7th Sunday Ordinary Time
Pick up your mat and go home
Those men who tore a hole in the roof so as to let down the poor paralytic for a cure, certainly merited the miracle for their persistence. Persistence must also have helped bring healing at Lourdes to modern paralytic, John Traynor.
John was an Irishman born in Liverpool - a strapping laborer. When World War I broke out, he was called up by the Royal Naval Reserve, and took part in the Dardanelles campaign of 1915. One day a Turkish machine gun sprayed his head and chest and severed the nerves of his upper right arm. For five years surgeons tried again and again to repair the multiple damage, but to no purpose. Finally the British government put him on full Navy pension as completely and permanently disabled.
In 1923, Traynor, a devout man, heard of an English pilgrimage bound for Lourdes. He decided to go, even at the cost of much of his savings. Everybody told him the idea was crazy, he would not survive the trip. "If I die at Lourdes," he replied, "it will be a good place." He did almost die en route, and again at the Lourdes hospital. The Lourdes physicians who examined him agreed that he was a physical wreck. Yet he insisted in being bathed several times in the miraculous spring. Two days before the pilgrims were to return to England, his legs moved during the bath; and during the Eucharistic blessing afterwards his nerveless arm came to life. He threw off the arm bandage and blessed himself. Next morning he suddenly awoke, jumped from his hospital bed and ran to the grotto in his nightshirt to give thanks. When the doctors examined him before he left on July 27, they recorded his as a remarkable recovery. Traynor himself was completely unaware of what had happened to him until his bishop gently explained to him on the pilgrimage train that he had been cured. All the rest of his life, John was full of gratitude to God and Our Lady. He established a trucking business and was quite successful. When he died in 1943 it was of a hernia, quite unrelated to his wartime injuries.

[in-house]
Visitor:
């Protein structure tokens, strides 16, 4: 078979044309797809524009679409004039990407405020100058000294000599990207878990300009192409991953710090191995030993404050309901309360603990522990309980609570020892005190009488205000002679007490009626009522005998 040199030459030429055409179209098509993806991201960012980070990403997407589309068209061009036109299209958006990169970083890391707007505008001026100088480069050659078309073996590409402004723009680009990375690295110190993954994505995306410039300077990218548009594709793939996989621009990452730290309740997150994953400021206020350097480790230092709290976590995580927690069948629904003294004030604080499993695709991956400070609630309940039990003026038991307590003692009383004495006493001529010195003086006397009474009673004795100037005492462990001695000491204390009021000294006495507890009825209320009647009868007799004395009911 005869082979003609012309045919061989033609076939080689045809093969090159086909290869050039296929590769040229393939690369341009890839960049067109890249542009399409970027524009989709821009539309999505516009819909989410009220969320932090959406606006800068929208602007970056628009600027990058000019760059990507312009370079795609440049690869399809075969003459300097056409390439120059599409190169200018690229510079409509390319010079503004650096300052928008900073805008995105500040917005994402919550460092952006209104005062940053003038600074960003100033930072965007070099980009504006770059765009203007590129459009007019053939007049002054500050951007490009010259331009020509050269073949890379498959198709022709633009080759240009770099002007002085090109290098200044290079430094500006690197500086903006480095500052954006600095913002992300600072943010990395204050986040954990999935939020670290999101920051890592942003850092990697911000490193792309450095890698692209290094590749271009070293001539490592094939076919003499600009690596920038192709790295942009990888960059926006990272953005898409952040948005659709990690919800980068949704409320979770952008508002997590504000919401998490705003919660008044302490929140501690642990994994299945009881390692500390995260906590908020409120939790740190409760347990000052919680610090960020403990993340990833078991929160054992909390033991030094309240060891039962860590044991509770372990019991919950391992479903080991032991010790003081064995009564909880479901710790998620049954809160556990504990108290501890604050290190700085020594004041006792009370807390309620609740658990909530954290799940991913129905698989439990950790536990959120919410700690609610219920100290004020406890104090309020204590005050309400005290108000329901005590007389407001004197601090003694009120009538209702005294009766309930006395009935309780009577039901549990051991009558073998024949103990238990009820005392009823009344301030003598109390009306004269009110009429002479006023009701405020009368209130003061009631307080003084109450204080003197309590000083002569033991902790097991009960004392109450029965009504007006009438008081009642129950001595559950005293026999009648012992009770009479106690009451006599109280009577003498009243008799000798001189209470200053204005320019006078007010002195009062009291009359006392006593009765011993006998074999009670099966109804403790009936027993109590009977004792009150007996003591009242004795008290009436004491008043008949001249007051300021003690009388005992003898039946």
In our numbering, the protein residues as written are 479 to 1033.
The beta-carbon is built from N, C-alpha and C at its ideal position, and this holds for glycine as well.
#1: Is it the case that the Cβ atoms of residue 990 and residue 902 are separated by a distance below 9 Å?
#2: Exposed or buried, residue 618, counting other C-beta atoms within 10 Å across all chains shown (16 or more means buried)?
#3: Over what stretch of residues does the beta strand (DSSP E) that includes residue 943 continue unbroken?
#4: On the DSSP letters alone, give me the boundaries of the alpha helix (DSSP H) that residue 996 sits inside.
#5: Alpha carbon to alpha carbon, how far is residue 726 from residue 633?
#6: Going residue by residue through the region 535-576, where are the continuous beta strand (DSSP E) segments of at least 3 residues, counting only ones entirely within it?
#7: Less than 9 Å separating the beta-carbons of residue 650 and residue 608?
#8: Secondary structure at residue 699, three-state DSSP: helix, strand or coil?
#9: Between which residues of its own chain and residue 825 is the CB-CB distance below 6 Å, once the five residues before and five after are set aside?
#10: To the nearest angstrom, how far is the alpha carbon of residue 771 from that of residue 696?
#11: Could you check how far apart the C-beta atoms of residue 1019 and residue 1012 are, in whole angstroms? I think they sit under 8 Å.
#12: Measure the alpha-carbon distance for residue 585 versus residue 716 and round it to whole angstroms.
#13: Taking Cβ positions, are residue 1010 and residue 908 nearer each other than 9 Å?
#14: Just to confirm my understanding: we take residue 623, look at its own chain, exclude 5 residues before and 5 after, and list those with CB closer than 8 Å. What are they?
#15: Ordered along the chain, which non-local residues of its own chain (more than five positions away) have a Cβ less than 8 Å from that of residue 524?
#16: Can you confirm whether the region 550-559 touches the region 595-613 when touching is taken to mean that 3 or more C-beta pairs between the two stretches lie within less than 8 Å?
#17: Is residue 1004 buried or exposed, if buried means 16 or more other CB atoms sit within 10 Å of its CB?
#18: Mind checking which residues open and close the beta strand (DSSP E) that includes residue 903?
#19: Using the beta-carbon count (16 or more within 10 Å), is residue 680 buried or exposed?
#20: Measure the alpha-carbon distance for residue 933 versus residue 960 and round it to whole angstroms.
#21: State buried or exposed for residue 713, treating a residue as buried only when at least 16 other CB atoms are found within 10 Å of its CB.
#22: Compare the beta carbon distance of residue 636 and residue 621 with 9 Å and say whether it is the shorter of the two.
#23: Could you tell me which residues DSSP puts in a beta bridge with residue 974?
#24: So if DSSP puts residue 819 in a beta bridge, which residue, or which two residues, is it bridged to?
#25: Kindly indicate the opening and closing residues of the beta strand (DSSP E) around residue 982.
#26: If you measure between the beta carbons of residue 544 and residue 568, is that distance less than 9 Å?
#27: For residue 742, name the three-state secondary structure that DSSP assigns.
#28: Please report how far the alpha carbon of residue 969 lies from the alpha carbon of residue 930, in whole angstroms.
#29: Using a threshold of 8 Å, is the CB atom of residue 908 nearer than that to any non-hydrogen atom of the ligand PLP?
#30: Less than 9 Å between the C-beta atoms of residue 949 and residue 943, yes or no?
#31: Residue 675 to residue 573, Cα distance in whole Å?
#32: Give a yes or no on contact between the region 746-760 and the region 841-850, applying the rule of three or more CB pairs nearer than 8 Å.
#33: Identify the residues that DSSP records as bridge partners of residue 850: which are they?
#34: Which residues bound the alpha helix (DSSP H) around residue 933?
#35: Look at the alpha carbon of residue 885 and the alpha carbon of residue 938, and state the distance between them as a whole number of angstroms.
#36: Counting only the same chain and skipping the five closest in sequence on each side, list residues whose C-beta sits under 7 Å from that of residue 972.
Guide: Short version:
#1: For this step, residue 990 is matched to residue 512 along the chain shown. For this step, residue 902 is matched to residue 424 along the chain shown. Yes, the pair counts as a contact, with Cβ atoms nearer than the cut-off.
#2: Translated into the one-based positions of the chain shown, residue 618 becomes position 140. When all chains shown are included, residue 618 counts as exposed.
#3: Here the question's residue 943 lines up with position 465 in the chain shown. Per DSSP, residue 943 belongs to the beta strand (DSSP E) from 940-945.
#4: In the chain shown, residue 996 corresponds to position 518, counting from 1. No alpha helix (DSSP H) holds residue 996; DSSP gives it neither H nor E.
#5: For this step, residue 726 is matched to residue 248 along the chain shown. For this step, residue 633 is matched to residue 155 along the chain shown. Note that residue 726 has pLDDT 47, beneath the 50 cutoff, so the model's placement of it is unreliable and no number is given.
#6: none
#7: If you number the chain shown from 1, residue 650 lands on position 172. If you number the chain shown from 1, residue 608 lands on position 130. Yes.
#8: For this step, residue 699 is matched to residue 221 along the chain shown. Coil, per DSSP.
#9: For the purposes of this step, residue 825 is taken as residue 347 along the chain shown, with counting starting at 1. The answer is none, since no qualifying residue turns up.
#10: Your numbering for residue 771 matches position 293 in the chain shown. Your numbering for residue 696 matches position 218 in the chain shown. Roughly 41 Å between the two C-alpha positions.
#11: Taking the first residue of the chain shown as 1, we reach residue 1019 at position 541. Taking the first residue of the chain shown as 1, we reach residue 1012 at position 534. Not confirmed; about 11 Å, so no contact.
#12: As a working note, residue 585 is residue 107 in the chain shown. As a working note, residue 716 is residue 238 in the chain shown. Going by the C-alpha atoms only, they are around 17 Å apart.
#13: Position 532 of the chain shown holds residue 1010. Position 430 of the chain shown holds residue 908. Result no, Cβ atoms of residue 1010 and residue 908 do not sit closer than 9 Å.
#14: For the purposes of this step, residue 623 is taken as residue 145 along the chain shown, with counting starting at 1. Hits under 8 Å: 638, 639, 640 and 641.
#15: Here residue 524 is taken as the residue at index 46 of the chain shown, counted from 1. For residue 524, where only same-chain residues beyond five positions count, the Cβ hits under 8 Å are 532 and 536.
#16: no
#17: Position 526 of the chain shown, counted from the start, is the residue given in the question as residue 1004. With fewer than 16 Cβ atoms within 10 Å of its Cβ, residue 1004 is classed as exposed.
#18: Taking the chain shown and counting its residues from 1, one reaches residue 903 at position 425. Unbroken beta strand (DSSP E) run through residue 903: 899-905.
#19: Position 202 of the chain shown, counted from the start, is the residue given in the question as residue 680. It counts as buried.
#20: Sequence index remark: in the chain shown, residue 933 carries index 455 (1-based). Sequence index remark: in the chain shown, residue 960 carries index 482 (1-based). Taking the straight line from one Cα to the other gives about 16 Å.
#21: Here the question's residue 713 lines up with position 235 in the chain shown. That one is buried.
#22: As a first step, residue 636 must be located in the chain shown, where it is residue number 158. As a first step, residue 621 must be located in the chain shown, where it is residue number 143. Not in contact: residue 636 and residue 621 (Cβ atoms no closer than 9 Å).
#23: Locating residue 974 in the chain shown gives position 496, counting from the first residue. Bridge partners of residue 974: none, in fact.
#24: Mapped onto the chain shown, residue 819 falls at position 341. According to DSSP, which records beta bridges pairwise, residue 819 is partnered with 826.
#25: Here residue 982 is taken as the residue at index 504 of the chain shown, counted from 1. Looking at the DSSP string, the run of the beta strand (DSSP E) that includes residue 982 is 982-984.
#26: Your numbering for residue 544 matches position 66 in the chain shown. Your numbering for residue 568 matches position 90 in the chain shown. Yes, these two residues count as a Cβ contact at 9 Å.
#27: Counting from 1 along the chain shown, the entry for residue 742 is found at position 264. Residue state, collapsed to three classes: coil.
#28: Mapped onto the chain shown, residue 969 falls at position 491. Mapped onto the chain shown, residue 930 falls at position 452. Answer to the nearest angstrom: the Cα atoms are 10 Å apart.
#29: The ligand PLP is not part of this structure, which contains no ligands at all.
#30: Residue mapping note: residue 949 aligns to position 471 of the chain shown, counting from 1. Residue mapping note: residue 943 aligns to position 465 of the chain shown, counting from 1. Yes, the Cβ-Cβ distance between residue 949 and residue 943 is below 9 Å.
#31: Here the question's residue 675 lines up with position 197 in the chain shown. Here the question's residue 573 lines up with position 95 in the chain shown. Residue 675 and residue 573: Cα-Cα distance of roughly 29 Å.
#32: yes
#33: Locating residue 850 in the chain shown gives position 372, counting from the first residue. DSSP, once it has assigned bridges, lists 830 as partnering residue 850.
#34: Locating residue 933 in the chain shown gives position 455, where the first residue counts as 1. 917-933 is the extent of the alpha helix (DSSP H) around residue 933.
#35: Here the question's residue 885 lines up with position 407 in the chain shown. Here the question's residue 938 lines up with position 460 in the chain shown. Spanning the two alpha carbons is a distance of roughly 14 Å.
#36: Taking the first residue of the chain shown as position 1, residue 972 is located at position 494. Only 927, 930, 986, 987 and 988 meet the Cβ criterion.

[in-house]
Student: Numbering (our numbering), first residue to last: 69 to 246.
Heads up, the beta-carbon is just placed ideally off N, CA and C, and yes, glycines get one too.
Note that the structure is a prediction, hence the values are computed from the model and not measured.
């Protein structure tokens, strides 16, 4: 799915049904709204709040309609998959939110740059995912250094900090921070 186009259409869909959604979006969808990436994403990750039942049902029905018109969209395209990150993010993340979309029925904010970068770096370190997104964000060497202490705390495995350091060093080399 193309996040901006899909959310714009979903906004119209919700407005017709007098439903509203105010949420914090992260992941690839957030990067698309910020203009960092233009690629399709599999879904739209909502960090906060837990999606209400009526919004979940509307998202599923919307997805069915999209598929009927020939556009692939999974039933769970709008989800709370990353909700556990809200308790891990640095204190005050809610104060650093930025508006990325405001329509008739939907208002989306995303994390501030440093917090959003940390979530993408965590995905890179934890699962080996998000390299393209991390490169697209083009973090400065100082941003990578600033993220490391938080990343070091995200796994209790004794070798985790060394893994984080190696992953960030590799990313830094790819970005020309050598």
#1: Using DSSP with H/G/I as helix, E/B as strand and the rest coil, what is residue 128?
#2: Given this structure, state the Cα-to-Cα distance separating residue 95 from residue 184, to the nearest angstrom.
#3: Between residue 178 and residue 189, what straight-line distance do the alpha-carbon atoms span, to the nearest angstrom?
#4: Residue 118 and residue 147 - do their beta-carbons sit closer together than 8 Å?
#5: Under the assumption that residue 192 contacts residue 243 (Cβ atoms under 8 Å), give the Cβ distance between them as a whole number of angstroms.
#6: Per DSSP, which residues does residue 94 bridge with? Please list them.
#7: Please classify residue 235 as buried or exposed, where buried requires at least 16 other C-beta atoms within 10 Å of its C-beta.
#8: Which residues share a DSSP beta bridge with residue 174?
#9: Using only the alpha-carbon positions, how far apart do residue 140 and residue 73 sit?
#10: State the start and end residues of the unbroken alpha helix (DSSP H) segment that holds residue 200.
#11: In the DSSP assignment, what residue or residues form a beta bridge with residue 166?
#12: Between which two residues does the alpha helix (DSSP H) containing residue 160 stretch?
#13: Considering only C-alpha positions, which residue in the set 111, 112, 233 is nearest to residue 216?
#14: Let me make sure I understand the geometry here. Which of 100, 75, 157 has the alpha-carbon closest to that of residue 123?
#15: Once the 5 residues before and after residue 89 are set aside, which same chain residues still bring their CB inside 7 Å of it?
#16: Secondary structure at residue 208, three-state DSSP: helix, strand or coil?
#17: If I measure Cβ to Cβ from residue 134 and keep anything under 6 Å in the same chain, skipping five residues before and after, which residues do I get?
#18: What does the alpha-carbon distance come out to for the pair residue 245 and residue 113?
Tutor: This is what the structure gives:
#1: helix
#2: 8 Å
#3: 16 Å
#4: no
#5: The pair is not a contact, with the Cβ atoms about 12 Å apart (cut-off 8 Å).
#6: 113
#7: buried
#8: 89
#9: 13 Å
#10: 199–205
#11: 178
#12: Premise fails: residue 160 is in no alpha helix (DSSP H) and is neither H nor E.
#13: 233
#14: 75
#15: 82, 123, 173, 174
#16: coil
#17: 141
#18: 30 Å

… Jesus said, "Pick up your mat and go home". The man stood and picked up his mat and went outside in the sight of everyone. (Mark, 2:10-12. Gospel of the day)
-Father Robert F. McNamara
B203: What happened to the four helpful friends in today's gospel (Mark 2:1-12) who carried the sick man to Jesus?
Every scripture reading begs us to identify with one or more characters in the script, to make the story "come alive" for us and to help us in our meditation. In today's reading, try to think of yourself as one of the four unidentified people who tore a hole in the roof (the roof of Jesus' own home - good thing he was a carpenter) and lowered the sick man down to Jesus.
What I see are four outstanding disciples of Christ - exactly what you and I are called to be and to do! Think about it: who is more paralyzed - you, or the man on the mat? Do you bring people to Jesus? Rather than clucking our tongues in judgment, what do our "sick" friends really need from us? Do you witness to your own faith belief by sharing His healing word with your acquaintances? Each one of us knows someone in our circle of family and friends who is "paralyzed" because of sin and wrongdoing; that person needs you to hear God's healing word.